Tiller’s Guide to Indian Country - Third Edition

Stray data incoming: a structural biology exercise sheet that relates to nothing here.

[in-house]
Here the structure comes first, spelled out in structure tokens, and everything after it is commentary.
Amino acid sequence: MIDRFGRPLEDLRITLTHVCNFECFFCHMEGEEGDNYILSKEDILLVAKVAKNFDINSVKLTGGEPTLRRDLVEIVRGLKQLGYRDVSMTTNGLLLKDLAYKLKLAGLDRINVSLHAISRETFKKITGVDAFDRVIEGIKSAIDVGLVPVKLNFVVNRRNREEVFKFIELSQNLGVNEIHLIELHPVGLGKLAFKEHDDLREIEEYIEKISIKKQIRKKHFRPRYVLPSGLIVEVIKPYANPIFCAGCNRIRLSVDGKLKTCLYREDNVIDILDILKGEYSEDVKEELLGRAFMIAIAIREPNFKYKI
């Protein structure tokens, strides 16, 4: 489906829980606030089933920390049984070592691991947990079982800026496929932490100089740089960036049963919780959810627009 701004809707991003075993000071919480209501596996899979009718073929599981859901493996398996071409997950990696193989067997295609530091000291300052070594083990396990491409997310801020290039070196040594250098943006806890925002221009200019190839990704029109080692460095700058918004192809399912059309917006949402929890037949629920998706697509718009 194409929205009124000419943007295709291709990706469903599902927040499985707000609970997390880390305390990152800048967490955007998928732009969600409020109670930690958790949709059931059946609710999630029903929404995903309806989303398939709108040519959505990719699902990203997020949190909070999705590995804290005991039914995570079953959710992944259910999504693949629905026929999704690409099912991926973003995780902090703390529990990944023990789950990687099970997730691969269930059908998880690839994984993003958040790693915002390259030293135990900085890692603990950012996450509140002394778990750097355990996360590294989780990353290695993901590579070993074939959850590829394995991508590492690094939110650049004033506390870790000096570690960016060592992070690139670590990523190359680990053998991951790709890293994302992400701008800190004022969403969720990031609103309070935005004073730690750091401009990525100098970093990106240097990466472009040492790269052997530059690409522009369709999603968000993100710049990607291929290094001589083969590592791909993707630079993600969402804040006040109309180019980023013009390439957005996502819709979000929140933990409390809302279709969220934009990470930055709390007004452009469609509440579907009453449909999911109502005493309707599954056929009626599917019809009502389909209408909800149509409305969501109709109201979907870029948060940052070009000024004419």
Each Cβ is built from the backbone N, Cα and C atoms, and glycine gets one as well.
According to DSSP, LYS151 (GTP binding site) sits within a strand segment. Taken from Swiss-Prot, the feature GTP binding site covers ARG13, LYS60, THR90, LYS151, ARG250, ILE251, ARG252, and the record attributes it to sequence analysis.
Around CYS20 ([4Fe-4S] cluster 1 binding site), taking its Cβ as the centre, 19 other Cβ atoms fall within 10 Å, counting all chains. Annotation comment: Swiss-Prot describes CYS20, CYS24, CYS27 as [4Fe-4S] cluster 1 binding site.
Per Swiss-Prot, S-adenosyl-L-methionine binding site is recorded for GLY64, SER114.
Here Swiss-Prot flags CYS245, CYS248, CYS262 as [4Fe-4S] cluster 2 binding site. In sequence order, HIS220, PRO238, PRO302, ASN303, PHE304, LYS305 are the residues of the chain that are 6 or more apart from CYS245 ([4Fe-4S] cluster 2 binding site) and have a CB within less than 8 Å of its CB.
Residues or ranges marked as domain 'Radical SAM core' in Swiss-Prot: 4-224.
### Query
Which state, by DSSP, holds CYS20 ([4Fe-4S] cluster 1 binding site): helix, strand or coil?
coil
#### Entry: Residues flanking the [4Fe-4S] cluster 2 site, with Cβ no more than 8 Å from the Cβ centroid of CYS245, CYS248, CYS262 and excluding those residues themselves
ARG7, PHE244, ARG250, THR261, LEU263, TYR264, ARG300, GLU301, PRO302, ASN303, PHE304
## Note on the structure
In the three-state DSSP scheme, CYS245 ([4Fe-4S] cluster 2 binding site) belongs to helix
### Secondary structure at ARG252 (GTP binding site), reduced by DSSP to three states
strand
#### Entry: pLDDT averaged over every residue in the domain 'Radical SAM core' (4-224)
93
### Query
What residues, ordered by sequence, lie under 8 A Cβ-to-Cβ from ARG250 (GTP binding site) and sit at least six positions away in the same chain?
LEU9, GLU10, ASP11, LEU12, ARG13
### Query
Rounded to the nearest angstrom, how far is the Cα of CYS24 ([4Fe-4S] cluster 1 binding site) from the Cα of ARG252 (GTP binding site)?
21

397 Nez Perce ENVIRONMENTAL CONCERNS The tribe has been a leading force in recovery of the endangered Idaho gray wolf. The program is headed by the tribe’s wildlife program and works to reestablish the gray wolf population in a 13,000,000 acre area in central Idaho. Operations of the program include monitoring the wolf population, providing public education, population management and control, and research. In 2000 the project received the Honoring Nations/Ford FoundationAward administered by the Harvard Project onAmerican Indian Economic Development at the John F. Kennedy School of Government. The tribe actively resists State of Idaho sponsored initiatives that permit ranchers and hunters to kill wolves for sport just to boost regional elk populations. Wolves were taken off the protected species lists in 2011, and since then the tribe has had to be vigilant to prevent such practices on reservation lands. The tribe is also involved in management of its surface and groundwater sources, resources to which the tribe’s rights have been reserved by treaties with the federal government. This includes wetland management, restoration, enhancement, and protection. In 2013 several tribal members protested the use of a tribal road for the transport of massive earth moving and oil extraction equipment en route to tar sands mining operations in Alberta, Canada. This protest was a tribally sanctioned event with over 200 tribal participants that resulted in several members of the tribal executive council being arrested during the week of protests. The route for shipment, along U.S. Highway 95 and U.S. 12, a designatedWild and Scenic River corridor, roughly corresponds to an early trail utilized by Nez Perce buffalo hunters and is the same trail used by the famed Lewis and Clark Expedition. The tribe cited their stance against further tar sands oil extraction, a practice long known to be highly detrimental to ecosystems throughout entire watersheds, as well as their concern for the river corridor vital to the fish habitat recovery initiatives they have in place as reasons for their collective action. Although ultimately unsuccessful in their attempt to prevent this particular shipment, the tribe has partnered with Idaho Rivers United, a statewide conservation nonprofit organization, in taking legal actions to prevent such future uses of the roads that cross the reservation. In 2014 the tribe joined with the Idaho Conservation League in an action against the U.S. Forest Service to stop a 3-year minerals exploration project in Payette and Boise National Forests, in Valley County, Idaho. cluding salmon, steelhead trout, lamprey, and sturgeon, to full productivity. The fisheries program has offices throughout the reservation, in Powell, Red River, Grangeville, Orofino, McCall, Sweetwater, Lapwai, and in Joseph, Oregon. This program manages licensing for sport fishing, conducts water sampling, and coordinates efforts with other tribal agencies and state and federal governments. Mining. The tribe is currently studying the feasibility of reopening the Mission Creek Quarry and developing a new mining and basalt plan to improve efficiency at the quarry. Early studies indicate high quality limestone and basalt deposits on the reservation. Services and Retail. The Nez Perce Express includes a full-service convenience store. Express II is a 5,400 square foot gas station/store that offers tobacco products, a full deli, groceries, gift selections, automotive supplies, housewares, and bakery items. INFRASTRUCTURE Highways and Roads. U.S. Highways 12 and 95 run through the reservation. Transportation. Commercial airlines serve LewistonAirport in Lewiston. Several truck lines service the area via Lewiston, including United Parcel Service, Pony Express, Federal Express, Quick Delivery, Broadway Package Service, and Viking. Camas Prairie, Union Pacific, and Burlington Northern railway services are available in Lewiston. Several freight barge companies operate out of the Port of Lewiston, including Lewiston Tidewater Barge Lines, Brix Maritime, and Gem Chip Trading Company. Nez Perce Municipal Airport serves Nez Perce and Lewis counties, a 2,000 paved airstrip, one mile from the reservation headquarters. The tribe has createdAppaloosa Express Transit, a small fleet of multi-passenger buses, for fixed route transportation to many destinations throughout the reservation, and on- demand services are available. Electricity is provided to the reservation by Washington Water Power and Clearwater Power. Fuel. Natural gas service is available through WashingtonWater Power. Water Supply. Groundwater wells provide water. Media. The tribe publishes a newspaper, Ta’c Tito’oqan, that is available both online at the Clearwater River Casino web site and in print. Telecommunications. The reservation is served by U.S. West Communications and Northwest Communications. Nez Perce Systems, a tribal entity, manages information technology and wireless internet services for the entire reservation. They also operate KIYE 88.7 FM radio station. COMMUNITY FACILITIESAND SERVICES The Nez Perce Tribe Teweepuu Community Center in Orofino and theWa-A’Yas Community Center in Kamiah provide recreation, sports, educational, and cultural activities for tribal members. The Teweepuu Center served as the host to the Governor’s Lewis and Clark Bicentennial Trail Committee meeting. The Wa-A’Yas Center sponsors an annual Turkey Shootout, a community-wide Christmas dinner, and ECHDP Powwow. The Pi Nee Waus Community Center in Lapwai serves as the host for the annual Halloween party and activities in the summer for the youth. In2003 the tribe established the NezPerceTribalChildren’s Trust Fund. The organization provides funding for the Nez Perce Tribal Children’s Home and Advocacy Center, child protection services, foster care placement, supportive services, and youth development programs. This fund also provides funding for internships and college scholarshipsandforspecific social serviceneeds.TheBoys andGirlsClubsoftheLewisClarkValleyproviderecreational andafter-schoolactivates for community youth. The program is located on the reservation in Lapwai at its Lapwai Club unit, which features a 10,300 square foot facility with gymnasium, technology center, arts and crafts area, and teen center. The tribe also has a Language and Arts Council building and many other tribally owned and operated facilities in Lapwai. Education. There are five public schools, a tribal Head Start program, and a tribal employment and training department on the reservation. The tribe provides financial assistance to students seeking postsecondary and vocational education and conducts instructional classes in the indigenous language and a cultural camp for children between the ages of 4 and 12 years. Health Care. Under the provisions of PL 93-638, in 1997 the tribe assumed operation of the Nimi’ipuu Health Center clinic in Lapwai and a satellite clinic in Kamiah. Both clinics are ambulatory facilities that offer medical, pharmacy, lab and x-ray, dental, behavioral health, and community health services. Offices for behavioral health and community health services are located at separate sites. Health care is also available at St. Joseph’s and Tri-State hospitals in Lewiston.